We are very happy with my new Double, No Trouble, Hubbell Bubble. We just love it.

Here’s an early adopter of the new chicken accomodations.

“The girls” are roosting in there tonight for the first time. I’m really happy with their new Hubbell Bubble and hope they are too.

You can read more about the Hubbell Bubble at Liz’s blog. Don’t panic if you read the part about dogs breaking into their own chicken yard and killing some of their chickens. That happened, they are careful to explain, because they had modified their original design in a way that, it turns out, wasn’t a good idea. They aren’t doing that anymore.

I didn’t know the Hubbells before arranging to have them build and put up my Bubble, so you can rest assured I’m telling you about this only because we’re so happy with it.

They are very generous with their know-how, energy and help for others who want to raise some of their own food, and take care of their own needs. Neat people and it was great to meet them.

If you’d like to know more, or you’d like your own, you can reach Mike and Liz at 965-8235.


Christopher Kimball & The Troll

kimballI have been on Christopher Kimball‘s email list for years, and though I don’t live in New England and I don’t have time right now to cook the wonderful foods he writes about, it’s great writing and I always take time to read it.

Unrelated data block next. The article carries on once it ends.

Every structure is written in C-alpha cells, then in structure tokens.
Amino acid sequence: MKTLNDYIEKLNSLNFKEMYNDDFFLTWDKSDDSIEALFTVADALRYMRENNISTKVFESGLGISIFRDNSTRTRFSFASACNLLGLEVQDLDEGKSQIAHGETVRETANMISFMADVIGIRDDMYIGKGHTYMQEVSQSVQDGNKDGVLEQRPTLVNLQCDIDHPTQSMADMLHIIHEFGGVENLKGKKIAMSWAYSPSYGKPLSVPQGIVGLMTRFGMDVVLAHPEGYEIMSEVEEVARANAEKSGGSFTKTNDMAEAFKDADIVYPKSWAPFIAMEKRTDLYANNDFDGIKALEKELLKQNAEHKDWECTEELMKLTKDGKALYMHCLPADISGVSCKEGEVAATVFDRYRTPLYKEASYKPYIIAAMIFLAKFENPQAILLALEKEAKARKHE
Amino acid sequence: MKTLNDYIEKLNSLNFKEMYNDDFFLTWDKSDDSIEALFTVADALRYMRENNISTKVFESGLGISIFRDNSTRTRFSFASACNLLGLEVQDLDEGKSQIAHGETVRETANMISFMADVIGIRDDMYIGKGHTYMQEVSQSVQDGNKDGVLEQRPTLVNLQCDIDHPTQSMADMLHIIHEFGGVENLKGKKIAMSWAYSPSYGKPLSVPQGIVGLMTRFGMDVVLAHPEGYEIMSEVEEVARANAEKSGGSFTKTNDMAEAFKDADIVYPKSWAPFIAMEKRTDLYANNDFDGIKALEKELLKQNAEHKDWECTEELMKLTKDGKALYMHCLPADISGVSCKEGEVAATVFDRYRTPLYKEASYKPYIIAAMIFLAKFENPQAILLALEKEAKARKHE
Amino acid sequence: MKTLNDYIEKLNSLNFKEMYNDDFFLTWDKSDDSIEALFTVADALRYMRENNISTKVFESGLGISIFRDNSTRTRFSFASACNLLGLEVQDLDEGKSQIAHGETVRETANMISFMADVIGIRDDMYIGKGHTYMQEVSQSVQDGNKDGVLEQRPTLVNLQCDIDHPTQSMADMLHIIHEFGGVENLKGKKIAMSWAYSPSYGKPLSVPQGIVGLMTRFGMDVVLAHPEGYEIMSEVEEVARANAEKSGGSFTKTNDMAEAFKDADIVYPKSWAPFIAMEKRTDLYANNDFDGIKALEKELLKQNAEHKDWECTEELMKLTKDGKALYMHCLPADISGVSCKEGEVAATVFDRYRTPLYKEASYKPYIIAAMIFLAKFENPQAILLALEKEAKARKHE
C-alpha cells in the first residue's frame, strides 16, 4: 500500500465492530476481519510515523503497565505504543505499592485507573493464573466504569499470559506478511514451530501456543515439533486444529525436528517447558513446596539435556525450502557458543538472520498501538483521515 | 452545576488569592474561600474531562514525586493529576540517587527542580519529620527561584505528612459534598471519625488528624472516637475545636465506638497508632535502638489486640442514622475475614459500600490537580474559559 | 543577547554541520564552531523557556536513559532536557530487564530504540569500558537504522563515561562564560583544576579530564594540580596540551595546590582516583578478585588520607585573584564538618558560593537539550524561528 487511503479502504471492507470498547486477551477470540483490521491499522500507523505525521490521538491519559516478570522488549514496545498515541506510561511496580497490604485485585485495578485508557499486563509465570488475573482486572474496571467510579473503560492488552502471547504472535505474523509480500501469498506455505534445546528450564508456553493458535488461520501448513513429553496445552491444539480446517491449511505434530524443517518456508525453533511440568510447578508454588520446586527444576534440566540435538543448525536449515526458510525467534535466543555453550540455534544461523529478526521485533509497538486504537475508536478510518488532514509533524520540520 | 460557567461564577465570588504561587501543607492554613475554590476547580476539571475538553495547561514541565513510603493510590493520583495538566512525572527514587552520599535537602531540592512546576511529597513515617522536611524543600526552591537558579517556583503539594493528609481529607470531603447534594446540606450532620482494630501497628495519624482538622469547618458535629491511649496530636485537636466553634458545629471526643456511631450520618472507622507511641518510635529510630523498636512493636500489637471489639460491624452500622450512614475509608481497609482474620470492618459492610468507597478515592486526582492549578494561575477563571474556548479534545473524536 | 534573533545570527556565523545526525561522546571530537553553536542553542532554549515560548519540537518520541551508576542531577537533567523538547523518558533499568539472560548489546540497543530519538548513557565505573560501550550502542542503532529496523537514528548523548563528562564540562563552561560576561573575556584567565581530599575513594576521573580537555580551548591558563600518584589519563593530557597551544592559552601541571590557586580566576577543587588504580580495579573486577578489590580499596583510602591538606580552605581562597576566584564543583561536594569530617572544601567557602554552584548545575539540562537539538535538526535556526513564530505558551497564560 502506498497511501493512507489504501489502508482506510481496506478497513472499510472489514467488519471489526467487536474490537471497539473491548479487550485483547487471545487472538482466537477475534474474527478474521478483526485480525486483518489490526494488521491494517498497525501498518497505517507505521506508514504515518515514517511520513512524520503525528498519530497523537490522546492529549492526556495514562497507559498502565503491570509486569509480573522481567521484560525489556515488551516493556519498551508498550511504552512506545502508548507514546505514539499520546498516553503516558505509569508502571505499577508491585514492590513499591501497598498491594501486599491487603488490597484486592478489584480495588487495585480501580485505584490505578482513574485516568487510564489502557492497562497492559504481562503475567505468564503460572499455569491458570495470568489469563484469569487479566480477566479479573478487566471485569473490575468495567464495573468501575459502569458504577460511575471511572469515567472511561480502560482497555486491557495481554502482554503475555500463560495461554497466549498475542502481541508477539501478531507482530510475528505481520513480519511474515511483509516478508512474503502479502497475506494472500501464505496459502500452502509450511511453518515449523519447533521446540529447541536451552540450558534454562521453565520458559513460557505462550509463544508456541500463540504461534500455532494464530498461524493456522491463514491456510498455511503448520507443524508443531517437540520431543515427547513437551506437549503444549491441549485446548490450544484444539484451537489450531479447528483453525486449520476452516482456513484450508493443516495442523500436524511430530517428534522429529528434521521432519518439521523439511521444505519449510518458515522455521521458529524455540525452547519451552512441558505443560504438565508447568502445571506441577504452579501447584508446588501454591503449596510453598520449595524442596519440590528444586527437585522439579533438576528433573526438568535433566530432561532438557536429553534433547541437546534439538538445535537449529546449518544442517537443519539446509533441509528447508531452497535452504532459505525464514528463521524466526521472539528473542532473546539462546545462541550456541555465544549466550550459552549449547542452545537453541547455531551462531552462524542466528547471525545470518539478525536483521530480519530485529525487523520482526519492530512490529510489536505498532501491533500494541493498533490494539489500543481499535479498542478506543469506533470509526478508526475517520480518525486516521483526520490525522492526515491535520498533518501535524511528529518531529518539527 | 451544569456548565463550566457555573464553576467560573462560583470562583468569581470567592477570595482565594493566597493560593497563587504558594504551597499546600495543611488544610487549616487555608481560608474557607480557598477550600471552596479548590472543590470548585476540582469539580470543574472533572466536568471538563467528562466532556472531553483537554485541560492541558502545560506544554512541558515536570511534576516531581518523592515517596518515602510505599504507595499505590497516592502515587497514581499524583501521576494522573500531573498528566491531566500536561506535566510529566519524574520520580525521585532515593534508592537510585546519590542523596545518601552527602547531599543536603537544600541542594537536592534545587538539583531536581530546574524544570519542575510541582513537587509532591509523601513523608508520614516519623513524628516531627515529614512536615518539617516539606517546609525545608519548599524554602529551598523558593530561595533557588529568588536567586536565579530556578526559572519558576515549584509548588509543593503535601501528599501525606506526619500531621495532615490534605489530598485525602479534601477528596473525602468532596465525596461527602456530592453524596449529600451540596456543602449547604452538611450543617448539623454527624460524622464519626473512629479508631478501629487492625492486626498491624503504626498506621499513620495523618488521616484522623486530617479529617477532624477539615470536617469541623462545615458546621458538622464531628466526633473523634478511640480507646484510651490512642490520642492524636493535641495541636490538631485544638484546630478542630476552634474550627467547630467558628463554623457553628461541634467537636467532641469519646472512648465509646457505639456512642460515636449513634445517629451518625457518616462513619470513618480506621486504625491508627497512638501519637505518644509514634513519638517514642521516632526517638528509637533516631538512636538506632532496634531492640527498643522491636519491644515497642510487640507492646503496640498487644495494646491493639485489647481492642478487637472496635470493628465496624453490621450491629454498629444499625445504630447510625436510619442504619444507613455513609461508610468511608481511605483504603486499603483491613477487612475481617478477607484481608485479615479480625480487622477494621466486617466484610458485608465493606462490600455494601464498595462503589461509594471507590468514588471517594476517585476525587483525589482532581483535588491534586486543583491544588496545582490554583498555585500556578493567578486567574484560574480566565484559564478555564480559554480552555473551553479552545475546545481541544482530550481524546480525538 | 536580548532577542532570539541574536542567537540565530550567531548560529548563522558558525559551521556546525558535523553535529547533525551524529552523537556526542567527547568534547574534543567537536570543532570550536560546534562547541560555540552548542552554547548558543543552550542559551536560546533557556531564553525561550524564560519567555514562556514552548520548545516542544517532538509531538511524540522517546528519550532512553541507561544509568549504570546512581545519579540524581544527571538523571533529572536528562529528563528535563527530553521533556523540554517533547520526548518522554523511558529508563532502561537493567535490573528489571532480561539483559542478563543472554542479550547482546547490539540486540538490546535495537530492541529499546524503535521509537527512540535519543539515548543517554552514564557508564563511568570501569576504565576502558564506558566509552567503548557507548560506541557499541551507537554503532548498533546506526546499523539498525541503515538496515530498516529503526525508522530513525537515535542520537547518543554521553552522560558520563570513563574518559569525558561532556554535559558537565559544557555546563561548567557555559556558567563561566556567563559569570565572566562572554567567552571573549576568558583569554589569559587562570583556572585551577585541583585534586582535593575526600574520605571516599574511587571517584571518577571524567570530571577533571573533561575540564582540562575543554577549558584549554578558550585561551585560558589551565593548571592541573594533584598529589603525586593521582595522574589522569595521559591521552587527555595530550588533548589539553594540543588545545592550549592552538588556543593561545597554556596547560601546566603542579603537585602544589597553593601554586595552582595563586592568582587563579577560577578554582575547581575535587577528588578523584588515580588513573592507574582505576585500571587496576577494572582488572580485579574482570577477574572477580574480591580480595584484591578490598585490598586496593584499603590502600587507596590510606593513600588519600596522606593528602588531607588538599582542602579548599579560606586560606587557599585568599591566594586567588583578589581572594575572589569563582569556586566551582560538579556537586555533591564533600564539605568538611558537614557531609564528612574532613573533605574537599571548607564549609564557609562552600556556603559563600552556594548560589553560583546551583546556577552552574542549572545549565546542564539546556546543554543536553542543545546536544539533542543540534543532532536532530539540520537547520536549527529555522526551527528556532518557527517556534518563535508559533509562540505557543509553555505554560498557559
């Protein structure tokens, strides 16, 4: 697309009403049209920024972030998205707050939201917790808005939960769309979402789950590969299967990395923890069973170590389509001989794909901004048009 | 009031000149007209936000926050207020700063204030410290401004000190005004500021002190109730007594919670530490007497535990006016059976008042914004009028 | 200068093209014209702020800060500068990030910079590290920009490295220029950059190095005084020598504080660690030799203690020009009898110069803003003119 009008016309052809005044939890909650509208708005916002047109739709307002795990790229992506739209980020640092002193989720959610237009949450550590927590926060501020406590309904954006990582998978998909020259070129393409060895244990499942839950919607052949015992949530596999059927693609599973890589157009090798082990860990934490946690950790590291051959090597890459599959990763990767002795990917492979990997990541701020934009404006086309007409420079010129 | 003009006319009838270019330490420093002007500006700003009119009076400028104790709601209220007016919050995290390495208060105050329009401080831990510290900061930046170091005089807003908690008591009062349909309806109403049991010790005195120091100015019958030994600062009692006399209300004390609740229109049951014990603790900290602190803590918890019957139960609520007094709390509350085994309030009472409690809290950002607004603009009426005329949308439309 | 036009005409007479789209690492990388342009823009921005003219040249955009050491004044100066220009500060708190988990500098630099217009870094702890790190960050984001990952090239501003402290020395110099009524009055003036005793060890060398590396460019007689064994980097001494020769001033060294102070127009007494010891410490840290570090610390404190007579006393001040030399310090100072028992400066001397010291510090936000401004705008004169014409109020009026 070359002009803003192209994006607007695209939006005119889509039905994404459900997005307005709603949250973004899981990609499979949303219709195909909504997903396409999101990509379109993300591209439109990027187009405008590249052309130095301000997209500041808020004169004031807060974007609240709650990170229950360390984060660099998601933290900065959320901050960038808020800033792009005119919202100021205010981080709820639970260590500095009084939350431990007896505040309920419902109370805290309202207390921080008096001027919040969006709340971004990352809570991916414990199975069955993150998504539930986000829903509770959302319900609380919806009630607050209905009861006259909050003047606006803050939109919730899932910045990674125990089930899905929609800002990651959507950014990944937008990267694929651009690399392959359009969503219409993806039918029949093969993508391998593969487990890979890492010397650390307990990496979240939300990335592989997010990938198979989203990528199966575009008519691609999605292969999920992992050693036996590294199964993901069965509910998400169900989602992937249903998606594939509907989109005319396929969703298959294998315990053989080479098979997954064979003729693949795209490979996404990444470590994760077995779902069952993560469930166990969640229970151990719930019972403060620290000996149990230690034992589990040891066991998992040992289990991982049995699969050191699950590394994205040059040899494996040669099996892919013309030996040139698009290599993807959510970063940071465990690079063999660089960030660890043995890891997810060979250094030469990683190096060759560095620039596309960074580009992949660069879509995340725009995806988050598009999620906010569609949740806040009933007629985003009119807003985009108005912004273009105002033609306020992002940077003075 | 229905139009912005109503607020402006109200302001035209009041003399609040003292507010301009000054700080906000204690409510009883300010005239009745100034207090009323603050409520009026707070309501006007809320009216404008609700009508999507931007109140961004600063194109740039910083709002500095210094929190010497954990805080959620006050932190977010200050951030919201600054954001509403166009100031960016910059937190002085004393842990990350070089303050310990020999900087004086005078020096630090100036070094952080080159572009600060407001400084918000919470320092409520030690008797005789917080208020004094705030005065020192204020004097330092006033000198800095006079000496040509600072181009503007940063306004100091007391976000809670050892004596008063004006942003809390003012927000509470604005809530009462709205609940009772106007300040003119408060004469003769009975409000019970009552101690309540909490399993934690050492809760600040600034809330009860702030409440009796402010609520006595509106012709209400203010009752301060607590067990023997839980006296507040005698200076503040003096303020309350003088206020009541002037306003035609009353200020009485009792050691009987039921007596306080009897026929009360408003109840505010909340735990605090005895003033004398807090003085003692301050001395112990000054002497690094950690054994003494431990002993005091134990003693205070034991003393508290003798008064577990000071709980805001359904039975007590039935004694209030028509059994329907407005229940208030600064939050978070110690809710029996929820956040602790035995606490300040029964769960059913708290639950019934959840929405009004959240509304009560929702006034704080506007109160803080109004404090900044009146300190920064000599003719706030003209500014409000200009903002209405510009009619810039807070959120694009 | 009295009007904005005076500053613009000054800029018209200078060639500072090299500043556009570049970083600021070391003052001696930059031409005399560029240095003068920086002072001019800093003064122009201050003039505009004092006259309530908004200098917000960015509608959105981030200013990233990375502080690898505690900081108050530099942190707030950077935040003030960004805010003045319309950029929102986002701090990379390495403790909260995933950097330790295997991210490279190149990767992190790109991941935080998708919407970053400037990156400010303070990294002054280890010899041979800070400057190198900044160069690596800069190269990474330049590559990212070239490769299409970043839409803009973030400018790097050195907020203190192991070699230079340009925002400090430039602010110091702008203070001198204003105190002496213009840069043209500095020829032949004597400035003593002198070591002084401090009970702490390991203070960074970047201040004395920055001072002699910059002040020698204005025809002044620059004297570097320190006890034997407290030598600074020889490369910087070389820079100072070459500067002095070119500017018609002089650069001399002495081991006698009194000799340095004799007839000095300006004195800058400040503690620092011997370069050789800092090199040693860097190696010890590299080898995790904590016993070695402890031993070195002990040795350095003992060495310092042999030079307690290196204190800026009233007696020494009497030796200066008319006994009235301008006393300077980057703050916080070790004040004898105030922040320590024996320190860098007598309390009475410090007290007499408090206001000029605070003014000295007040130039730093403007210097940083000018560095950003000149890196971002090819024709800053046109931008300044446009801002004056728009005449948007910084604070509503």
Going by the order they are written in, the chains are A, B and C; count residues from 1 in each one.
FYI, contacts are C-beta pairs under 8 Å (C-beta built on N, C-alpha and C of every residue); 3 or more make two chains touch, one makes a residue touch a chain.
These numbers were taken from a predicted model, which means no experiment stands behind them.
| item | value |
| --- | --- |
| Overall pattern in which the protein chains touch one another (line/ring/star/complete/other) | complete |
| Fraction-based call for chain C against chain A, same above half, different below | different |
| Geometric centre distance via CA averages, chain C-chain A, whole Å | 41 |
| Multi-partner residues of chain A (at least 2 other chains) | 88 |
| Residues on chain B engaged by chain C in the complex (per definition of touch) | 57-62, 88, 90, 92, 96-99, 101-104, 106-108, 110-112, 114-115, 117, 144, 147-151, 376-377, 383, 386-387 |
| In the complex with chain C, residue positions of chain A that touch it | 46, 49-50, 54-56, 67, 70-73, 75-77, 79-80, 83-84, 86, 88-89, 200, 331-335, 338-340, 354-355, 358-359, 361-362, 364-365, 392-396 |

He is, according to Wikipedia, the bow-tie wearing founder, editor, and publisher of Cook’s Illustrated and Cook’s Country magazines, and formerly publisher of the now defunct Cook’s Magazine. I know him from Cook’s Illustrated — what a neat magazine that is. Here’s his Christopher Kimball blog. And I love reading his occasional emails, which talk about the sugar season in Vermont and relay charming small-town stories.

This is a funny, timely, small-town story that came in his email today. Could it be true? He represents it as though it is. And of course it could be — people are crazy.

Back in Vermont, here is a recent story that sounds completely made up. A resident of a nearby town is very well liked but more than a little crazy and a bit of a drinker—you never know what he will do next. His wife came home one day and noticed that he looked a bit shaken. He said, “I caught a troll!” and proceeded to lead her upstairs. When they got to the bedroom, she heard a voice from the closet shouting, “Let me out! Let me out!” Well, he had all sorts of furniture stacked up against the door to keep the troll in. Once the way was cleared, she found a very pleasant, rather short gentleman in disarray, shaken after having spent a few hours locked up inside. He was working for the U.S. Census, had rung the bell, and, as soon as the door had opened, the husband had somehow mistaken him for a troll, spiriting him upstairs. No word yet on the impending lawsuit.

My favorite sentence in this bit is: “…as soon as the door had opened, the husband had somehow mistaken him for a troll, spiriting him upstairs.”